Off-campus porch incidents raise no resident concern
Kate Gales | Monday, April 5, 2004
While a high profile balcony collapse during a party in Chicago last summer left 13 dead and 30 injured, Notre Dame students said they are not concerned that a similar incident could take place at off-campus apartment complexes.
However, there have been at least three recent incidents where students partying have fallen off of balconies, including at St. Patrick’s Day parties at the College Park apartment complex both this year and last year and a party this fall at the Turtle Creek apartment complex.
For students, these incidents have caused more concern than the possibility of a balcony collapse.
“It has never really crossed our minds – we never have that many people out there that it’s a weight concern,” said Lindsay Wind, a senior who lives in College Park. “Before all of this started to come up, I probably wouldn’t even think about it. Usually it’s not what you’re thinking about when you’re having a party.”
“It’s not something we’re concerned about,” said fellow resident Lindsay Zika. “Most of our friends know how to be safe. People like to hang out there; it’s never been an issue for us.”
Patty Russwurm, a property manager with Paramount Management, the company that manages College Park, said she is not aware of any other incidents at College Park when a partier had fallen off a balcony during the last two years that Paramount has managed the property.
Though less publicized, Turtle Creek Apartments has also faced a problem with irresponsible balcony use, according to property manager Tammy Michelbrink.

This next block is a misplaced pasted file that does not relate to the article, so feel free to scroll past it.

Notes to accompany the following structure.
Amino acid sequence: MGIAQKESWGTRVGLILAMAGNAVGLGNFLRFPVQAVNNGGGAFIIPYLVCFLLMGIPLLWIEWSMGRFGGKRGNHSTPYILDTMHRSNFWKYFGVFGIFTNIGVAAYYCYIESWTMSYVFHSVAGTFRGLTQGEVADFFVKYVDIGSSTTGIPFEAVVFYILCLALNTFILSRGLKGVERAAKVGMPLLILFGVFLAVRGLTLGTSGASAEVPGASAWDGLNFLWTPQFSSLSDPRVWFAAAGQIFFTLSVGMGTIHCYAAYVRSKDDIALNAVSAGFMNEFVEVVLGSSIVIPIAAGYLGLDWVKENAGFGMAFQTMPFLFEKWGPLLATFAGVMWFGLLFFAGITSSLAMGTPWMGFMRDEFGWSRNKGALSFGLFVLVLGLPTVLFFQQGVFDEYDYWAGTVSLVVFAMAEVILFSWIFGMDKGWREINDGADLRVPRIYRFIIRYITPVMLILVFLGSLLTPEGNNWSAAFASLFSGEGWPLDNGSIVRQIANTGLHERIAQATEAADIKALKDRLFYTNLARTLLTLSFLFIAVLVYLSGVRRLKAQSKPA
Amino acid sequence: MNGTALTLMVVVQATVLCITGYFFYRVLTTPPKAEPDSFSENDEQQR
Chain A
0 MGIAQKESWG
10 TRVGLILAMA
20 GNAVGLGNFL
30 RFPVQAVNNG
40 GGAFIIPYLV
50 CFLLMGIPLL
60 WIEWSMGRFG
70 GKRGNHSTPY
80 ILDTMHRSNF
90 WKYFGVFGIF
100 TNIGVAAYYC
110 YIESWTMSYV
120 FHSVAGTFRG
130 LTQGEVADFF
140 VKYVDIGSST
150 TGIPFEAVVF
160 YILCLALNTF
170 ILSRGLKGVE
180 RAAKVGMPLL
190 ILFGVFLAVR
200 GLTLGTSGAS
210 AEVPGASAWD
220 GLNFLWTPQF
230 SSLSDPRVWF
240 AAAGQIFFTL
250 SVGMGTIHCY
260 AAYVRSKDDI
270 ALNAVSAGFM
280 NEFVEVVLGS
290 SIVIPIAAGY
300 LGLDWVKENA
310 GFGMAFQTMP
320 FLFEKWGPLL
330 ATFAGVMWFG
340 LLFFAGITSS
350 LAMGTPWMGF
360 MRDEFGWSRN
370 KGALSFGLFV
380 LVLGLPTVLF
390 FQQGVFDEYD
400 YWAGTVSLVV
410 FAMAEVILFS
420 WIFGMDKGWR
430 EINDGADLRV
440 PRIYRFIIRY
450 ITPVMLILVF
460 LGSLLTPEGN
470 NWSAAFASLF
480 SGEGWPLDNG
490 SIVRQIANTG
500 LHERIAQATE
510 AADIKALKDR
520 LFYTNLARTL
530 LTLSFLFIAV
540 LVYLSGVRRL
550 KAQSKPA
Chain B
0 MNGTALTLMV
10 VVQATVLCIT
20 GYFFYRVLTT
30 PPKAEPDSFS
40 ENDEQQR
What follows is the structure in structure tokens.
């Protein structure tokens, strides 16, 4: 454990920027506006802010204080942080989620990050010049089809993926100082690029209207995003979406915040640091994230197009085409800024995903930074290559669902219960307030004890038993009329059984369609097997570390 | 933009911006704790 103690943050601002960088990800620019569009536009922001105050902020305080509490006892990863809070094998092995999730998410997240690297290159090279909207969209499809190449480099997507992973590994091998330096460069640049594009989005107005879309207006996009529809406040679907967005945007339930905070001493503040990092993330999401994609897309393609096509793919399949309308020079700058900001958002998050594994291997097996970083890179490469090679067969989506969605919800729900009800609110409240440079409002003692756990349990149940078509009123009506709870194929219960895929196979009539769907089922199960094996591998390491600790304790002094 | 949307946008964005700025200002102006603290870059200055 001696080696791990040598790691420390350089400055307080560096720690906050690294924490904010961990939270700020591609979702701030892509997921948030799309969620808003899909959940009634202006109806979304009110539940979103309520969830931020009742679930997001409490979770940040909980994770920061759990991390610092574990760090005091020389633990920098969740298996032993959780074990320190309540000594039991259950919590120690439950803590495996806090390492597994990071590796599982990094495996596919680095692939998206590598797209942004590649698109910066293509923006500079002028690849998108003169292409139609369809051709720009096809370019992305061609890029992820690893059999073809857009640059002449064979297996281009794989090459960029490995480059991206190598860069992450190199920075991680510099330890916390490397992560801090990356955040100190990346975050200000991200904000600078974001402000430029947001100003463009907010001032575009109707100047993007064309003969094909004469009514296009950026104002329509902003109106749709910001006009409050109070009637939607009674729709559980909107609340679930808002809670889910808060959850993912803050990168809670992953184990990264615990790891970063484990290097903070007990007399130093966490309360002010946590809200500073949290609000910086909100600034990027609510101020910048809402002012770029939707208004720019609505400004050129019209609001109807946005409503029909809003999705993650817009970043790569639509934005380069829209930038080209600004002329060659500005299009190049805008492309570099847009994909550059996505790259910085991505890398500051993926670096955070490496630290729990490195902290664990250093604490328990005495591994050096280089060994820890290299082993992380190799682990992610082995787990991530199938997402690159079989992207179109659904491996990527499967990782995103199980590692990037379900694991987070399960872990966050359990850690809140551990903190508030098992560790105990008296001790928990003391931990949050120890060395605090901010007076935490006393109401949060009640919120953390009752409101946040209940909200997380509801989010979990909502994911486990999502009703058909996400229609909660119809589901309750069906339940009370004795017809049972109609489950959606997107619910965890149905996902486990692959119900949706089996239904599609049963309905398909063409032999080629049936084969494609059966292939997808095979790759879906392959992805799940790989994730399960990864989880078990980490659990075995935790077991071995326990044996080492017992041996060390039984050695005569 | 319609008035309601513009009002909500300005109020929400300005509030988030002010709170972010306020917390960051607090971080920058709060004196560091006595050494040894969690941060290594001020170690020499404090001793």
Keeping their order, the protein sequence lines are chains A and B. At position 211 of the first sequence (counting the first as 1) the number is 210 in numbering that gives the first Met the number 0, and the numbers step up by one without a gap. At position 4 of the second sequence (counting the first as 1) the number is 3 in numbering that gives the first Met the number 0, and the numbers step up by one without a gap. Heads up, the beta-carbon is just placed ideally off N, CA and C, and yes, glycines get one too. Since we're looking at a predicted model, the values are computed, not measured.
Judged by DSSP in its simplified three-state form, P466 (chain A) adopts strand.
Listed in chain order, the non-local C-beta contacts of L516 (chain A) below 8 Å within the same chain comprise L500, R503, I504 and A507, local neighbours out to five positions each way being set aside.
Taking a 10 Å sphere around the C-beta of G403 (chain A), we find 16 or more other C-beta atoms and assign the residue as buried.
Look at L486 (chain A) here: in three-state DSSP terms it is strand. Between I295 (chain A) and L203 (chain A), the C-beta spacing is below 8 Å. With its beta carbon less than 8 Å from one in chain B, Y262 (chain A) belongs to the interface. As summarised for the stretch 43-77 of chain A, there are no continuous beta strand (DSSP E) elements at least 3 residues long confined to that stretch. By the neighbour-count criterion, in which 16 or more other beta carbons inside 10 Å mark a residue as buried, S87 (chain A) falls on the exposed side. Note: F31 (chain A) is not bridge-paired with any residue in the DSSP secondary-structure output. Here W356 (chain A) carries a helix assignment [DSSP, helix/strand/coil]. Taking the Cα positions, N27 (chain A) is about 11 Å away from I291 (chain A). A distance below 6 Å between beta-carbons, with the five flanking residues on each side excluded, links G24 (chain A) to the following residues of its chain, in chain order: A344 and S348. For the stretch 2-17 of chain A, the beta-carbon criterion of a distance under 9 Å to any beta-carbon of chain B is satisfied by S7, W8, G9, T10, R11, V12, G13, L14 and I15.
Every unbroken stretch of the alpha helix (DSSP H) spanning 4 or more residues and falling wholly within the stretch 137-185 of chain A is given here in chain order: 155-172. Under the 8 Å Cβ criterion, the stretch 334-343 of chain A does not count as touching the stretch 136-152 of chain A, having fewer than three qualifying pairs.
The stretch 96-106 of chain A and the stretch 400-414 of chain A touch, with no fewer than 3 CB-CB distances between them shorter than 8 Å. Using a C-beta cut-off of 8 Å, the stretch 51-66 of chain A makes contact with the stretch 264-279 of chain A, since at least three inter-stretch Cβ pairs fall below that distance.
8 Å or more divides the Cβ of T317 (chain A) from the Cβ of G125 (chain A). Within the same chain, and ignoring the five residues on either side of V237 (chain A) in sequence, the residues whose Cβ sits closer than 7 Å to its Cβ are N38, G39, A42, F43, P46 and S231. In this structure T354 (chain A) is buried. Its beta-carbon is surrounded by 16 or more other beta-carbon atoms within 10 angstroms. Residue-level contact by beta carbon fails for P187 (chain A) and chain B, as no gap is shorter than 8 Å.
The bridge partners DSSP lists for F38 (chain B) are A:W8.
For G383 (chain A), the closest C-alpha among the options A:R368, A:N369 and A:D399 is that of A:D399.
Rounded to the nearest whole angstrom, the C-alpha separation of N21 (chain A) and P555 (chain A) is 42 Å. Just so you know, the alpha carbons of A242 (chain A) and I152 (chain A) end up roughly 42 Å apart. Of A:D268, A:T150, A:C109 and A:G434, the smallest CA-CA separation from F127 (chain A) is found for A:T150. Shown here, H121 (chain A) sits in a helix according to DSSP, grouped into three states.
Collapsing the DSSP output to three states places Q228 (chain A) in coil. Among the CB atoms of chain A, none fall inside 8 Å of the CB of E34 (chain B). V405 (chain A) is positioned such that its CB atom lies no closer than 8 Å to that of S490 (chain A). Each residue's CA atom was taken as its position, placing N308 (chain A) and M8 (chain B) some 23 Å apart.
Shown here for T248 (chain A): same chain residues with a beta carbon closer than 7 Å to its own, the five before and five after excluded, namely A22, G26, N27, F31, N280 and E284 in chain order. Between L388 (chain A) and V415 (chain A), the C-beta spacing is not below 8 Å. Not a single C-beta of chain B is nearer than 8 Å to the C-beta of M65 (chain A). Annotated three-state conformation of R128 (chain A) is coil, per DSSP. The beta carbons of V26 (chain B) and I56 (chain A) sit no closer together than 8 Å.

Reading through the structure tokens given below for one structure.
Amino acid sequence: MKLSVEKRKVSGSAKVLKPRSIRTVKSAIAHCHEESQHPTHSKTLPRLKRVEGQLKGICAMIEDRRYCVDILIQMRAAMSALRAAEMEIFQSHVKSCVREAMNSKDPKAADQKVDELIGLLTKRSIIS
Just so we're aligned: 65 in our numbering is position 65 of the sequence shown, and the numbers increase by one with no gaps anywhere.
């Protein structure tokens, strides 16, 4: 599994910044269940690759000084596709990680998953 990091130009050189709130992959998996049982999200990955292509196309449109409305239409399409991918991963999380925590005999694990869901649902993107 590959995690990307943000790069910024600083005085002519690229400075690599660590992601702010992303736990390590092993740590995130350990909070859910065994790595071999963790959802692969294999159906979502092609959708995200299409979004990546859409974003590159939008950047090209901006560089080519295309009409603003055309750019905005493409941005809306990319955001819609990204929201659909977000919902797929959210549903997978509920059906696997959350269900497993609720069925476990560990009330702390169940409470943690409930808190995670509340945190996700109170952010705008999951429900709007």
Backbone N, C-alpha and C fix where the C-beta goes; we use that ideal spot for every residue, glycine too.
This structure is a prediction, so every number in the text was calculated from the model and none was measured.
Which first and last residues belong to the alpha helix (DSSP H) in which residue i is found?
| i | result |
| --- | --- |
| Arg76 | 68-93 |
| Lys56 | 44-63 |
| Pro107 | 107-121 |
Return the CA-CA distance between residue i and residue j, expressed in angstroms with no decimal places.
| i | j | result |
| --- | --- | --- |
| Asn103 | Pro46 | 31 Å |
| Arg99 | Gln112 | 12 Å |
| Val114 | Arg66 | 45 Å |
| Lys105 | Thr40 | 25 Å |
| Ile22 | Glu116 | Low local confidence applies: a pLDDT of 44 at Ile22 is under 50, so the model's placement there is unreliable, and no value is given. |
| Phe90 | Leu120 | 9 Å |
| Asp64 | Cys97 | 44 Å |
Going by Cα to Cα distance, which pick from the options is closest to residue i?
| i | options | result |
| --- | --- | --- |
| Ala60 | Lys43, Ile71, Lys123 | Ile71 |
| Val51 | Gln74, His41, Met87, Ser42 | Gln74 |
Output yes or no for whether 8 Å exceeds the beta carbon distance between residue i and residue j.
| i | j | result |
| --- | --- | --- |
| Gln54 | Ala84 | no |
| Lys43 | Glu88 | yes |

“We had an incident this fall, but nobody was seriously injured,” she said.
Both complexes also limit to the number of adults allowed on the balconies – eight at College Park and five at Turtle Creek.
“It is explicitly written out in [residents’] leases that no more than eight people are permitted on the balconies at any time. That’s why the people who weren’t residents were evicted on St. Patrick’s Day,” Russwurm said, regarding the student who fell off the balcony.
Residents of the apartment complex said they had been informed of the limits.
“Our maintenance people told us [about it] at the beginning of the year,” Zika said. “They made it clear that we understood the rules.”
Turtle Creek implements a similar policy, with apartment renters signing an agreement upon moving into the complex.
“We have our residents sign something when they come to move in, [saying] that we don’t expect them to have more than five adults out on the patio at the same time,” Michelbrink said.
The property managers said they do not supervise residents, but are aware that some leaseholders may be using the balconies irresponsibly.
“We have seen people have too many people on their balconies,” Michelbrink said, “but we’re not here to monitor every night to see what they do.”
When it comes to management’s attention that the contracts are being violated with this type of behavior, notices are sent out to offenders, Michelbrink said. Continued problems could cost them their leases.